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Zewail has no presidential ambitions, his are economic ones‎

Noble Laureate Ahmed Zewail dismisses presidency rumours, indicating that he has returned to help push for an industrial revolution in what he sees as an agriculturally dependent Egypt

Sherif Tarek , Sunday 29 May 2011
Ahmed Zewail
Ahmed Zewail (middle) is not after power (Photo: Sherif Tarek) ‎
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Egyptian-American Ahmed Zewail, winner of the 1999 Nobel Prize in chemistry, rebuffed widespread claims that he was intending to run for presidency, saying his main goal is to help Egypt embark on a technology-led, economic turnaround.

The prestigious scientist believes Egypt can follow in the footsteps of countries that were once financially crippled before leading industrial revolutions to improve their respective economies, such as Turkey and South Korea.
    
Zewail, in the same breath, stressed that many issues should be seriously addressed in order to attain such an objective, including: Egypt’s poor quality of education, lack of economic vision, improper appropriation of the country’s funds and insufficient working conditions.

“I am not here as [US President Barack] Obama’s advisor [on science and technology] or a delegate, I am here as an Egyptian citizen who wants to serve his country,” the 65-year-old said in a public meeting with a host of Ahram journalists hosted by the state-run newspaper.

“I also do not seek positions. I do have a position and it is fairly good. I am here because I believe Egypt deserves more prosperity. We are not inferior to South Korea or Malaysia and they used to be countries of fishermen.”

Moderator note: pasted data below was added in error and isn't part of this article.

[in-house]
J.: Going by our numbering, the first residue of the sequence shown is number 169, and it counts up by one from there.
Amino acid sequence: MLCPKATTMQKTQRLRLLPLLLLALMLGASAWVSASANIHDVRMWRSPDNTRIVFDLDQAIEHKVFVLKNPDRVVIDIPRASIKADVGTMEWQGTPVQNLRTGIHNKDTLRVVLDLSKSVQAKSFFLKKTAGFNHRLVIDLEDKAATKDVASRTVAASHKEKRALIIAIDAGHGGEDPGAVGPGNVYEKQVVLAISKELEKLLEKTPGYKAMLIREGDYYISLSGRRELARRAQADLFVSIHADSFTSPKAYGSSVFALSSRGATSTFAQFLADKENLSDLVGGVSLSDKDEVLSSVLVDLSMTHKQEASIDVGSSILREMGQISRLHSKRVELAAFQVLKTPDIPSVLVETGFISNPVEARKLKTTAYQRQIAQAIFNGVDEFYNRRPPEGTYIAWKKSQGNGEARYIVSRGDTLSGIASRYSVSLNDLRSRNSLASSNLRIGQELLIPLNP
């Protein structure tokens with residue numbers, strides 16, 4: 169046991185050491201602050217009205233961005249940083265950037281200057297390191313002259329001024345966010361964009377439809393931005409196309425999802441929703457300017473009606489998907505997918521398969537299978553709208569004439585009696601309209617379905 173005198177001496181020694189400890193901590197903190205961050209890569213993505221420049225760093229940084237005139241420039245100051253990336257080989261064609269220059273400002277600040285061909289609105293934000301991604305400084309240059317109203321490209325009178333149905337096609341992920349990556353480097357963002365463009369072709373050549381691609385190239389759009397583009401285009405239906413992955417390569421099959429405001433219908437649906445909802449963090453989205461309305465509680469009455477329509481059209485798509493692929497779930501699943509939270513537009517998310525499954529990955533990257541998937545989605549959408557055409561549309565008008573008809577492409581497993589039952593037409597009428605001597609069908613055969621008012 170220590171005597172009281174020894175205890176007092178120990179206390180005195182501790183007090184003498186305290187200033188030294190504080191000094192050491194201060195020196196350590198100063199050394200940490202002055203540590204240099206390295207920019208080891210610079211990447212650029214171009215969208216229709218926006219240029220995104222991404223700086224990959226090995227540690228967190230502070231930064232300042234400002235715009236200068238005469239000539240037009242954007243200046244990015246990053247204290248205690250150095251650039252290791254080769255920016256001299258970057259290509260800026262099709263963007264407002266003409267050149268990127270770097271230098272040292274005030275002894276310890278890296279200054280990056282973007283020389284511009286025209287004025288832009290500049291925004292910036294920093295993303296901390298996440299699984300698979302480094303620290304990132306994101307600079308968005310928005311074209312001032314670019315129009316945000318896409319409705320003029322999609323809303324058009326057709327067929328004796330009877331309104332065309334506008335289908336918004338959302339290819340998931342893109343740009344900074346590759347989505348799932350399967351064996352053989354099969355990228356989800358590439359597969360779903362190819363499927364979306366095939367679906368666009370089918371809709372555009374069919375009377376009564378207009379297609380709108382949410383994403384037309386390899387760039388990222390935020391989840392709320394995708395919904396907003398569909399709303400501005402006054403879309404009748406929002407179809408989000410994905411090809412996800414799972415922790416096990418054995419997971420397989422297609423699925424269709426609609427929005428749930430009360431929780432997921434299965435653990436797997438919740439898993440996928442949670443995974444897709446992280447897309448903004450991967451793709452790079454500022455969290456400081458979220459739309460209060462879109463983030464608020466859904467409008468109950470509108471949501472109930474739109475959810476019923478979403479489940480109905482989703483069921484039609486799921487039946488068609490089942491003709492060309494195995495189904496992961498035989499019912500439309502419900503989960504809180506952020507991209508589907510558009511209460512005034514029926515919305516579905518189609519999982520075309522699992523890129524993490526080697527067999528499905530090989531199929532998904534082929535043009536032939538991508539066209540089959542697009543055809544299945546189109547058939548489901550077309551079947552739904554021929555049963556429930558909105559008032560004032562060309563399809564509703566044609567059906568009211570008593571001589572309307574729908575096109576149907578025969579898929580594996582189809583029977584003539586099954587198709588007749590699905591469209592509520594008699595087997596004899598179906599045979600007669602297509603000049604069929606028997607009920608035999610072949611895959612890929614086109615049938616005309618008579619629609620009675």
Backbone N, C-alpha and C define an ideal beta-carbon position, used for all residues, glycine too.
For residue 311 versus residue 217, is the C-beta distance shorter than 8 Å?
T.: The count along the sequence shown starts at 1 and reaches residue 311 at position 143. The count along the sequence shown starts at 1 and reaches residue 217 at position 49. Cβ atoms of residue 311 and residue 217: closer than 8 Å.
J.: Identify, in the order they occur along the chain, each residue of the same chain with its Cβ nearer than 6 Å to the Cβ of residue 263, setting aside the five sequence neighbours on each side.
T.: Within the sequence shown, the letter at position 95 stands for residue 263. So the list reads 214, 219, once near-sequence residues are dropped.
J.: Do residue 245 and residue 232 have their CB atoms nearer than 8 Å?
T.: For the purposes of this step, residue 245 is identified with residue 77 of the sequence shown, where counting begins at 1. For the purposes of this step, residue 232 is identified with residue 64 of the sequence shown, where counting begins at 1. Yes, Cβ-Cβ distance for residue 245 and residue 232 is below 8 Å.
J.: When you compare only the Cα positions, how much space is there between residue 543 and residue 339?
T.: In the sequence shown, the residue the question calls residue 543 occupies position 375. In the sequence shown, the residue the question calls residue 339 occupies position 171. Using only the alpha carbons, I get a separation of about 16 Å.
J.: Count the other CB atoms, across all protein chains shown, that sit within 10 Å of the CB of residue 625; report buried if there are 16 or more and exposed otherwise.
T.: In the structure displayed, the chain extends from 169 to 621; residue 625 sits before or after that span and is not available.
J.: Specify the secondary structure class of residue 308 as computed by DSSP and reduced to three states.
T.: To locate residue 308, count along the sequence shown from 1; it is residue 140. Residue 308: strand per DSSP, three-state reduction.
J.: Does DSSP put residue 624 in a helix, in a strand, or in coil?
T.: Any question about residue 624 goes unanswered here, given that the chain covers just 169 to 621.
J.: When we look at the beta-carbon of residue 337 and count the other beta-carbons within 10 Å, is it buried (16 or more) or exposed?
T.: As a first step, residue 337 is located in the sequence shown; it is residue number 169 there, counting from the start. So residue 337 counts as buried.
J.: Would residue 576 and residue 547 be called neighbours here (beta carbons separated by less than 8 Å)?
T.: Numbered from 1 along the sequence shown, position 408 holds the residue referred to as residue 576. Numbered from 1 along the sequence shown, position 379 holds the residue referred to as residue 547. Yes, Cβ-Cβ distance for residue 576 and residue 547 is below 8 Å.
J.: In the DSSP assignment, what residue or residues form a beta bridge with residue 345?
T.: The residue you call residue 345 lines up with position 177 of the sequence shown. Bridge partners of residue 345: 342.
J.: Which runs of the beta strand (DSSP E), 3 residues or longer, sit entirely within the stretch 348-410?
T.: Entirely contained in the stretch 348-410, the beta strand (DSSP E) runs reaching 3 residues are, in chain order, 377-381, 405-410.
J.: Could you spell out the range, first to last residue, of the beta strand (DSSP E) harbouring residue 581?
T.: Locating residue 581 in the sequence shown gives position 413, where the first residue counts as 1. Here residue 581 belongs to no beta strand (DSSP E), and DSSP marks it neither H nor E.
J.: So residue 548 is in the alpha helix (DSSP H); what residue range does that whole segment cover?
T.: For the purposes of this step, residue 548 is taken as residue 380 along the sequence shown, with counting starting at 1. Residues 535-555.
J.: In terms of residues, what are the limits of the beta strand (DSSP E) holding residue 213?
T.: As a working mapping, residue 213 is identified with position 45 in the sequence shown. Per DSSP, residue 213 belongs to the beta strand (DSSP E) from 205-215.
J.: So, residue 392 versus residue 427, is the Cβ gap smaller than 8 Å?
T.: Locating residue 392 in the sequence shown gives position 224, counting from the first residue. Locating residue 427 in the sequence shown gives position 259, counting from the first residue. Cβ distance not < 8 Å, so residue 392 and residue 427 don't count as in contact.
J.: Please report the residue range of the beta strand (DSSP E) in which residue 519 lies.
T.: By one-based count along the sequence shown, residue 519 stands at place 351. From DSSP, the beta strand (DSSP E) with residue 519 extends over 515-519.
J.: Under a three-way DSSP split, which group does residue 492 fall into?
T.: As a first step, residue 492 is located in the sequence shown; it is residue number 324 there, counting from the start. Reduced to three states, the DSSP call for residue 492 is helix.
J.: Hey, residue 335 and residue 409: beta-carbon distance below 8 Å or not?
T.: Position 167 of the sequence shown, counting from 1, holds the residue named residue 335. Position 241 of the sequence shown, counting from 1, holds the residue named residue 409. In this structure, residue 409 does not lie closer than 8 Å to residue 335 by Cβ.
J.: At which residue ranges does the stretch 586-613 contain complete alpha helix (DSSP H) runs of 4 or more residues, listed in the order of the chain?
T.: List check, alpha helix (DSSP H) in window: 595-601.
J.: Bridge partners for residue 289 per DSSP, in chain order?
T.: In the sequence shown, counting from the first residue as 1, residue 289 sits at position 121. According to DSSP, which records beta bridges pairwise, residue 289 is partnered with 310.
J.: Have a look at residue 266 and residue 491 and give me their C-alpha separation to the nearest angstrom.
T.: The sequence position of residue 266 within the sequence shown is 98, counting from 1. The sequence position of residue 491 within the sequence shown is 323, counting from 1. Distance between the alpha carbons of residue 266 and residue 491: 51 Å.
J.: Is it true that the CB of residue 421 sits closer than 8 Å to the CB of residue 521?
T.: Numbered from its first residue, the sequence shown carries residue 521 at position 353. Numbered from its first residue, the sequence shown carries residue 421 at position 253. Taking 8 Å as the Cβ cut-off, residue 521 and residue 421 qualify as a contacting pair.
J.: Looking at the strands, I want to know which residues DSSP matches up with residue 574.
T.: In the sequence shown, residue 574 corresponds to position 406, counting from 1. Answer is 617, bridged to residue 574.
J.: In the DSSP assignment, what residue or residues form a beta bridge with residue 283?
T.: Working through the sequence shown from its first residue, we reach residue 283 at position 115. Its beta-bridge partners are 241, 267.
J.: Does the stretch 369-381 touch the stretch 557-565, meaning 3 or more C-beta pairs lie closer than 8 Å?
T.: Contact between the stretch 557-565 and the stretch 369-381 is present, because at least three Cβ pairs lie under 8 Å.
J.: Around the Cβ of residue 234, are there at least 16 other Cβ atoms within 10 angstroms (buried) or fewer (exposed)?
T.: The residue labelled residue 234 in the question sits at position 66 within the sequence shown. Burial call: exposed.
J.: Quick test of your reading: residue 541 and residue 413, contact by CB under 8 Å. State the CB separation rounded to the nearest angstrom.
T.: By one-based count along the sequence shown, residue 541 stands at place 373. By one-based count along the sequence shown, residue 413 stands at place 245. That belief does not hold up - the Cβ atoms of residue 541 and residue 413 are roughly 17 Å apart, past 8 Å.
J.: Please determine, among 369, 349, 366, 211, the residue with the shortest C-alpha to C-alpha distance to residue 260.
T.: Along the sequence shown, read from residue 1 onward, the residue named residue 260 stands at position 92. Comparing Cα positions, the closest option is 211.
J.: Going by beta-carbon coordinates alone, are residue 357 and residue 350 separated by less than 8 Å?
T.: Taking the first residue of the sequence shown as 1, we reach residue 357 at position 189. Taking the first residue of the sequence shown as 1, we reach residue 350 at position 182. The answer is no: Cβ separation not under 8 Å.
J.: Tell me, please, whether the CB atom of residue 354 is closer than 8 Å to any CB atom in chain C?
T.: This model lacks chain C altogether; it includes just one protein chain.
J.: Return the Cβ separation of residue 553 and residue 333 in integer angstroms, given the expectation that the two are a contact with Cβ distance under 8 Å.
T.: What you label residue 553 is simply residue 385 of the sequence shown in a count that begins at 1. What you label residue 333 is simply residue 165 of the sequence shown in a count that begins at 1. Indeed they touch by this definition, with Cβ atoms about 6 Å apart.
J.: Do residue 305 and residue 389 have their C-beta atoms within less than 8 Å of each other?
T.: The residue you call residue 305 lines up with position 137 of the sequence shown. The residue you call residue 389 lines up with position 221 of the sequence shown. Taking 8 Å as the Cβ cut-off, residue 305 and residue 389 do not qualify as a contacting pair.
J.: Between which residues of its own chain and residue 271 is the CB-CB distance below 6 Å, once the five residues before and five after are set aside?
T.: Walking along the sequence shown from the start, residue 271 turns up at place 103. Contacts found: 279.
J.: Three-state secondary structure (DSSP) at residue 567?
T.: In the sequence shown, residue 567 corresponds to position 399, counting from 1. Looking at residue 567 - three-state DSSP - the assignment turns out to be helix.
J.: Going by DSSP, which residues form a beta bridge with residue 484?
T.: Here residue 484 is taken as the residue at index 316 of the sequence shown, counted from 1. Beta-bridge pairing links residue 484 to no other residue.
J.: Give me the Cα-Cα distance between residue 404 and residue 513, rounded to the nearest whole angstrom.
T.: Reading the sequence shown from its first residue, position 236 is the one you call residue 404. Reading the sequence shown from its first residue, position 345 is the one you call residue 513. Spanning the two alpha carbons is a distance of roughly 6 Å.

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Zewail gave another reason to emulate successful industrial patterns when he referred to the impossibility of relying on agricultural productivity, like Egypt used to in the 19th century.

“The agricultural lands in Egypt comprise only 6 per cent of Egypt’s space if not less, thanks to stealing. We cannot revive [late Albanian commander] Mohamed Ali’s era when Egypt used to cultivate cotton and export it for instance.

“Technology and science are controlling the world. Turkey’s GDP was similar to Egypt’s ten years ago, now they are competing with the rest of the European countries after turning into an industrial one.”

Speaking of education, Zewail said: “Education is important but it’s not enough. What would happen if someone was properly educated in Egypt and then did not find an appropriate opportunity? He would probably leave the country and that would be a loss.

“We need to make the most of our sources of revenue, such as tourism and natural gas ... only Egyptians can build their country, we should not wait for some financial support from abroad and keep on begging. This will take us to where we were under the former regime.

“Egypt must be specialised in something; we cannot say we are producing everything. For example, Egypt is sunny, we could use this attribute to produce solar energy to revamp many industries.

When asked whether he supports a certain political force or a particular presidential candidate, Zewail replied: “I do not wish to escape the question, but I will only concentrate on achieving a renaissance in Egypt.”

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